June 15, 2016
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Graduating high school sounds extremely surreal to me at the moment. I’m graduating in a matter of days, and it still hasn’t really hit me that these are my last days of high school. High school had its times of sheer triumph, but there were also moments of defeat. But you know what? Everything worked out in the end. I think that’s something important we should all remember. In high school, we always think it’s the end of the world if something tragic happens, but we must always look at the bright side and remember it will all be over and to make the best of it.
I definitely had some struggles in high school. When I began my freshman year, I had just moved from busy LA to laid back Santa Barbara. The dramatic change in my living situation deeply affected me, and I remember feeling plagued with homesickness each day. The friends and people who I had grown close to during my childhood were no longer at my side. As a shy, quiet person, I spent several of my days in loneliness and isolation and each day, I longed to be back home. I kept thinking that I should be confident and just talk to people, but we all know that’s easier said than done. One day, I finally gained enough confidence to ask a classmate to lunch. I knew she had just moved in town as well, and she probably felt lonely like me. Our close friendship continues to this day. My experience in high school would have been distinctly different without my wonderful friends. They rained each of my days with happiness, and I consider myself truly blessed and lucky to have met such amazing people.
Confidence is something that I have always valued and longed for. I admire people who have the confidence to speak boldly about a subject in a class discussion or who have the confidence to do things. It’s something I have always wanted to improve in myself, and in my high school career, I did whatever I could to strengthen my confidence and to inhibit a sense of belonging. I joined the Interpreter’s Club and the swim team, but nothing enriched my confidence more than my experience in the Charger Account. I remember never having any remote interest in journalism. In fact, I signed up for the class on a whim. But the Charger Account allowed me to bravely voice out school events in an indirect approach. I didn’t include my opinion in my stories (journalism 101), but it gave me a voice and a sense of importance. My passion blossomed, and I fervently began writing more articles. Each one carefully constructed with 100 percent effort. I went from writing a food review of a local restaurant to writing the my latest story on Econ’s Fair’s end, which attracted 1.7K people on Facebook, a record for the Charger Account. As an aspiring journalist, this was a huge milestone for me, and it’s something I treasure and feel proud about. My diligence and hard work paid off in the end. It was an absolute honor writing for the Charger Account and for the first time, I felt a sense of inclusion at DP. It may take you a while to find your passion or what interests you at DP, but I challenge you to find what speaks to you and just go for it. Join clubs around campus or do something completely out of your comfort zone! You might just find your passion by mistake as I did.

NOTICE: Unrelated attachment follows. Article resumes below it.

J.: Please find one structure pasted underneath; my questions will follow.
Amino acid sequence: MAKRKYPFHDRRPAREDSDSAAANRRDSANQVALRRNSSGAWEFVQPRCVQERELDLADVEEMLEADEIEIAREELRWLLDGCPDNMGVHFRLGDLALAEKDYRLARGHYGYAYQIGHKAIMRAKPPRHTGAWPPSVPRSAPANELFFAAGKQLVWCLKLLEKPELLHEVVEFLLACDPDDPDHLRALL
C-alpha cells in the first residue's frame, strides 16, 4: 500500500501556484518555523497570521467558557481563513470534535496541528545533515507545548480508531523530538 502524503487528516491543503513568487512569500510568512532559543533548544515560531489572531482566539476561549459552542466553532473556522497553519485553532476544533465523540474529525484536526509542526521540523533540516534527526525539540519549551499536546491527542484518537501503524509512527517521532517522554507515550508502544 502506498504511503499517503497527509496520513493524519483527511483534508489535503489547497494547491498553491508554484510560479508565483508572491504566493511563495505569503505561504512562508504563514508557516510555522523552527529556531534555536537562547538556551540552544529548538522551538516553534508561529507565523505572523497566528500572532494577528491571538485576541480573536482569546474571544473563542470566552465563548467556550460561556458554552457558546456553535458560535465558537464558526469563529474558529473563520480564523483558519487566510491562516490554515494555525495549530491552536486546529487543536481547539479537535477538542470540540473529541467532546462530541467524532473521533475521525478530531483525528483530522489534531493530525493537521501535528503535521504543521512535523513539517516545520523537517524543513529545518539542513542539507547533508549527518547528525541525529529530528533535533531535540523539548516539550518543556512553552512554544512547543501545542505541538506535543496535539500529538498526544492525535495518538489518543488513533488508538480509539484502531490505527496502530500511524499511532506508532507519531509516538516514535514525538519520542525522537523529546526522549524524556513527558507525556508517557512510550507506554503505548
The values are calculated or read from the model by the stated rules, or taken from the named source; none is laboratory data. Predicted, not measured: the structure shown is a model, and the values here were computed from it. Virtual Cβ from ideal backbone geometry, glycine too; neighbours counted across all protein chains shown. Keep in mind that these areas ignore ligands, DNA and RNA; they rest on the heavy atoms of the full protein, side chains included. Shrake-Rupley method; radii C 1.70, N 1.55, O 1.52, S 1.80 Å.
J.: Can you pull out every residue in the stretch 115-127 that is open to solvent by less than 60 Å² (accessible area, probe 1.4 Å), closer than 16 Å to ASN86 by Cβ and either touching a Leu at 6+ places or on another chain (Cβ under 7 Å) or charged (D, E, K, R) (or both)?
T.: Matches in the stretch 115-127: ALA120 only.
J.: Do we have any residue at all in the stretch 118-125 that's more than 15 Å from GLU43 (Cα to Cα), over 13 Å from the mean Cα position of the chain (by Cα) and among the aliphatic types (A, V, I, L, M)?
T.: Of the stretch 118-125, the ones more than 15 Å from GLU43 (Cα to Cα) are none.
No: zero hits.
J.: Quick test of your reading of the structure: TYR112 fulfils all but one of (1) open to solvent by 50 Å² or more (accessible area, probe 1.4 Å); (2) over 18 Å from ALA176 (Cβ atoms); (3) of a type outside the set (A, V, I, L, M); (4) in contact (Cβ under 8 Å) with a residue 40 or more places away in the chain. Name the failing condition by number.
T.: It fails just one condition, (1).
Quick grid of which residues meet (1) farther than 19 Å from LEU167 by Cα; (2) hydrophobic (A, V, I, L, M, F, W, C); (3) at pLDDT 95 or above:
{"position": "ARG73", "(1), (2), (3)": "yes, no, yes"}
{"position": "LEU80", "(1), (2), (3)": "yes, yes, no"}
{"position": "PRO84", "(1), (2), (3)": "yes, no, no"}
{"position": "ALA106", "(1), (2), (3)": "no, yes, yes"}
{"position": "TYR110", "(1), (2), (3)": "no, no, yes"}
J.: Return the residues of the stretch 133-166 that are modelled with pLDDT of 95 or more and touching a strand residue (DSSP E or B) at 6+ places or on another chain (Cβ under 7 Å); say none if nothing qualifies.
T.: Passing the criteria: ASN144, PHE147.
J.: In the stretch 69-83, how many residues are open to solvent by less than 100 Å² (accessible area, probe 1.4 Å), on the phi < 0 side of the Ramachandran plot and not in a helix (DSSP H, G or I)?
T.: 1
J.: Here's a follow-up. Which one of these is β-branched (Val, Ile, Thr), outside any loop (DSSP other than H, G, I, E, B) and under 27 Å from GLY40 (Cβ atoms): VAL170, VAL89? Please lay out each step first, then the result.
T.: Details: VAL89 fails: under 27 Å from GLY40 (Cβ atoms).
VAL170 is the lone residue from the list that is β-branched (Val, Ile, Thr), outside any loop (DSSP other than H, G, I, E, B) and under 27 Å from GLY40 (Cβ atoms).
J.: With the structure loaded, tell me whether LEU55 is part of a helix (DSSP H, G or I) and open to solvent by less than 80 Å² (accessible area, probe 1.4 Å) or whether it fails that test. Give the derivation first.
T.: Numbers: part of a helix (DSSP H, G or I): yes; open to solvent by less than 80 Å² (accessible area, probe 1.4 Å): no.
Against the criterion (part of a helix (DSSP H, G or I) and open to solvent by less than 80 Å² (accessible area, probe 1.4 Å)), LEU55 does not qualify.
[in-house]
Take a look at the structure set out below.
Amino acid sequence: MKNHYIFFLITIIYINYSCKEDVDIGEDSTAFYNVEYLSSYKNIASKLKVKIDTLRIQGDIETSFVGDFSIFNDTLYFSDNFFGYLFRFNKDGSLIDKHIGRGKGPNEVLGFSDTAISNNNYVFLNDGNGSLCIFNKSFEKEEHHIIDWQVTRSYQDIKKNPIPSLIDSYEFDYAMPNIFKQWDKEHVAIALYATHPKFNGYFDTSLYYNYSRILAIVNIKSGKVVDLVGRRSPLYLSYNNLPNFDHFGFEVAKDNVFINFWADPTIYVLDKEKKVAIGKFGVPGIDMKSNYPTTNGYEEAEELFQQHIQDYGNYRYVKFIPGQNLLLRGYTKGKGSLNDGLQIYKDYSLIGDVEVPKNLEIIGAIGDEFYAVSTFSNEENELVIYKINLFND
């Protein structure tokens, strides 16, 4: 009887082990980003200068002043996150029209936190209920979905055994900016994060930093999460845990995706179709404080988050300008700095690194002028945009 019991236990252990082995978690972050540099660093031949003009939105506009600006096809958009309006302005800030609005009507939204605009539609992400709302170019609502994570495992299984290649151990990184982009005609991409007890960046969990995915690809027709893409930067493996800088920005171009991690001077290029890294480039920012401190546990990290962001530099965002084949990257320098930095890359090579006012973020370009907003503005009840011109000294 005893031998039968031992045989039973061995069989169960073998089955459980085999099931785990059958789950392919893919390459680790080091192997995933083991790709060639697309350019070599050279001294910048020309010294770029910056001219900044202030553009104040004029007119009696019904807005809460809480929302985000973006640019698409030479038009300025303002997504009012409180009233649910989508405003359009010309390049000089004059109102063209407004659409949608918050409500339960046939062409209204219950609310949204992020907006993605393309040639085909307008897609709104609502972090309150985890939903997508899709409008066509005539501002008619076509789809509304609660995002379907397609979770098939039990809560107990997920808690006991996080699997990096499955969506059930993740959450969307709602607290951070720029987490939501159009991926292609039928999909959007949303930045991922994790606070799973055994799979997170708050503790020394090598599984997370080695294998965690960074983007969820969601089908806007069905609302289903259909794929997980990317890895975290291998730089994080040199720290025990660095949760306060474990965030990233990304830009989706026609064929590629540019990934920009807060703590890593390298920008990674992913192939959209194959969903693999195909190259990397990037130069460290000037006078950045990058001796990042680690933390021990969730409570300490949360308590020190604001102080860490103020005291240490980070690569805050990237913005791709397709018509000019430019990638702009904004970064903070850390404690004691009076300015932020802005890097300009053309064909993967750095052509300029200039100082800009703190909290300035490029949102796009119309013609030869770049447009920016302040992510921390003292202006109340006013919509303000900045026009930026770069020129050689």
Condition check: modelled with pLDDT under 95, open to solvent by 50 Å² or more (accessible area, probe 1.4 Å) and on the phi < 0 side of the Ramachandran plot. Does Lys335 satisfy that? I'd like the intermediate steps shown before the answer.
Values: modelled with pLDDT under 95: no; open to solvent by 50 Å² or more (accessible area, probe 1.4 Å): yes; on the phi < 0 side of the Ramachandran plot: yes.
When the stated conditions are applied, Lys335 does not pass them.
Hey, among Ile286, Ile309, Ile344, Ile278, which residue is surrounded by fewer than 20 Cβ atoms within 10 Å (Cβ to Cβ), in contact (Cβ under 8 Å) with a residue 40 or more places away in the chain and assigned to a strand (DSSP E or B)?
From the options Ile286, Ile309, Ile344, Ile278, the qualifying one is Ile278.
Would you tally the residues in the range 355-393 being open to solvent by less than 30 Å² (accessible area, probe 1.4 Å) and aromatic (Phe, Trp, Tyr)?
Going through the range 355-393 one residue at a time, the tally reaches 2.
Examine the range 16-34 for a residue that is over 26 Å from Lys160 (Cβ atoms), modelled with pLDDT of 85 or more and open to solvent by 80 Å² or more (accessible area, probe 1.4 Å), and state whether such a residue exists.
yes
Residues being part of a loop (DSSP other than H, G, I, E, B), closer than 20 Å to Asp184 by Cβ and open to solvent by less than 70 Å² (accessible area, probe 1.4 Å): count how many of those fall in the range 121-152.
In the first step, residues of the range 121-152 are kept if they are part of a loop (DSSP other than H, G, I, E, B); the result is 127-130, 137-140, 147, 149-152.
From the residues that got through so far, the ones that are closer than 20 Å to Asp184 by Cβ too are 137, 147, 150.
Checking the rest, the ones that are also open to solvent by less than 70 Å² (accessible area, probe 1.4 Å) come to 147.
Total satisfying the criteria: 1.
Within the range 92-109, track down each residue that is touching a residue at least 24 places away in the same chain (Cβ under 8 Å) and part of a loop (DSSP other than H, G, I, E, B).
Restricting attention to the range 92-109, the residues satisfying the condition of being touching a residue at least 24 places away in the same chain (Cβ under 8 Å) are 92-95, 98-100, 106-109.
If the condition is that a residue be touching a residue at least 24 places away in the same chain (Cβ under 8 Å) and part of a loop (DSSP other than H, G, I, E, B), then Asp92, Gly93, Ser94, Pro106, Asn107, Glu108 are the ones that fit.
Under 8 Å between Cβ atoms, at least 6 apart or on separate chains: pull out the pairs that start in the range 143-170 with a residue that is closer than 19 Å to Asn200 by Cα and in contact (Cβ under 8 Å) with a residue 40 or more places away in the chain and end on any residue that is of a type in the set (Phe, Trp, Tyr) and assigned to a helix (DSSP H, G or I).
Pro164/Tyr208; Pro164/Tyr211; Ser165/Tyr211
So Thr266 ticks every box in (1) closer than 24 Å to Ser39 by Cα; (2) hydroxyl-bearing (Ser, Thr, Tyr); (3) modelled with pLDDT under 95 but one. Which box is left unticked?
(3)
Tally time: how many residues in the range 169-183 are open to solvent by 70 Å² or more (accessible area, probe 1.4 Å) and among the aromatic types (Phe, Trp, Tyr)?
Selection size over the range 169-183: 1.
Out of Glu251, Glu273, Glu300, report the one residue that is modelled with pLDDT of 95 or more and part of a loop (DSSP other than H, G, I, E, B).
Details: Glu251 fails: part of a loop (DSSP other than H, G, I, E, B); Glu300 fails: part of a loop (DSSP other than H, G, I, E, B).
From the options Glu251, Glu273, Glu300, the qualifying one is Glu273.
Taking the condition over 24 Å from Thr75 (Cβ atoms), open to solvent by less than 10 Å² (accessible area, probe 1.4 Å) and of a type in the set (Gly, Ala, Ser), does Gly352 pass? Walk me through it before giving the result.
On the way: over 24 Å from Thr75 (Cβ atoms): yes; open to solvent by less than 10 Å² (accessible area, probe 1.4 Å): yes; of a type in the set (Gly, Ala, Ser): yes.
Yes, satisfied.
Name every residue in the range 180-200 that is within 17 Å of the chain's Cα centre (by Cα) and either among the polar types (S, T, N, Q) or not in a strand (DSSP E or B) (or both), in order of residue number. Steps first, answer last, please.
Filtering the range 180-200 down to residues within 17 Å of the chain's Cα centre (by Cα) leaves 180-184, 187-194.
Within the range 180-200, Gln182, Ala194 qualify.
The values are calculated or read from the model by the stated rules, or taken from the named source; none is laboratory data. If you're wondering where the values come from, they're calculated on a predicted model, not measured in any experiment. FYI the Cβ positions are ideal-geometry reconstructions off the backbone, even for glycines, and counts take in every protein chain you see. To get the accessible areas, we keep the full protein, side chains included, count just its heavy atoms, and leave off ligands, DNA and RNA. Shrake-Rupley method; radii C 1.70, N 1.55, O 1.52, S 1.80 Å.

My time at DP has shaped me into a more compassionate, confident person over the years. I still have a lot to learn, but I’ll never forget my memories at DP.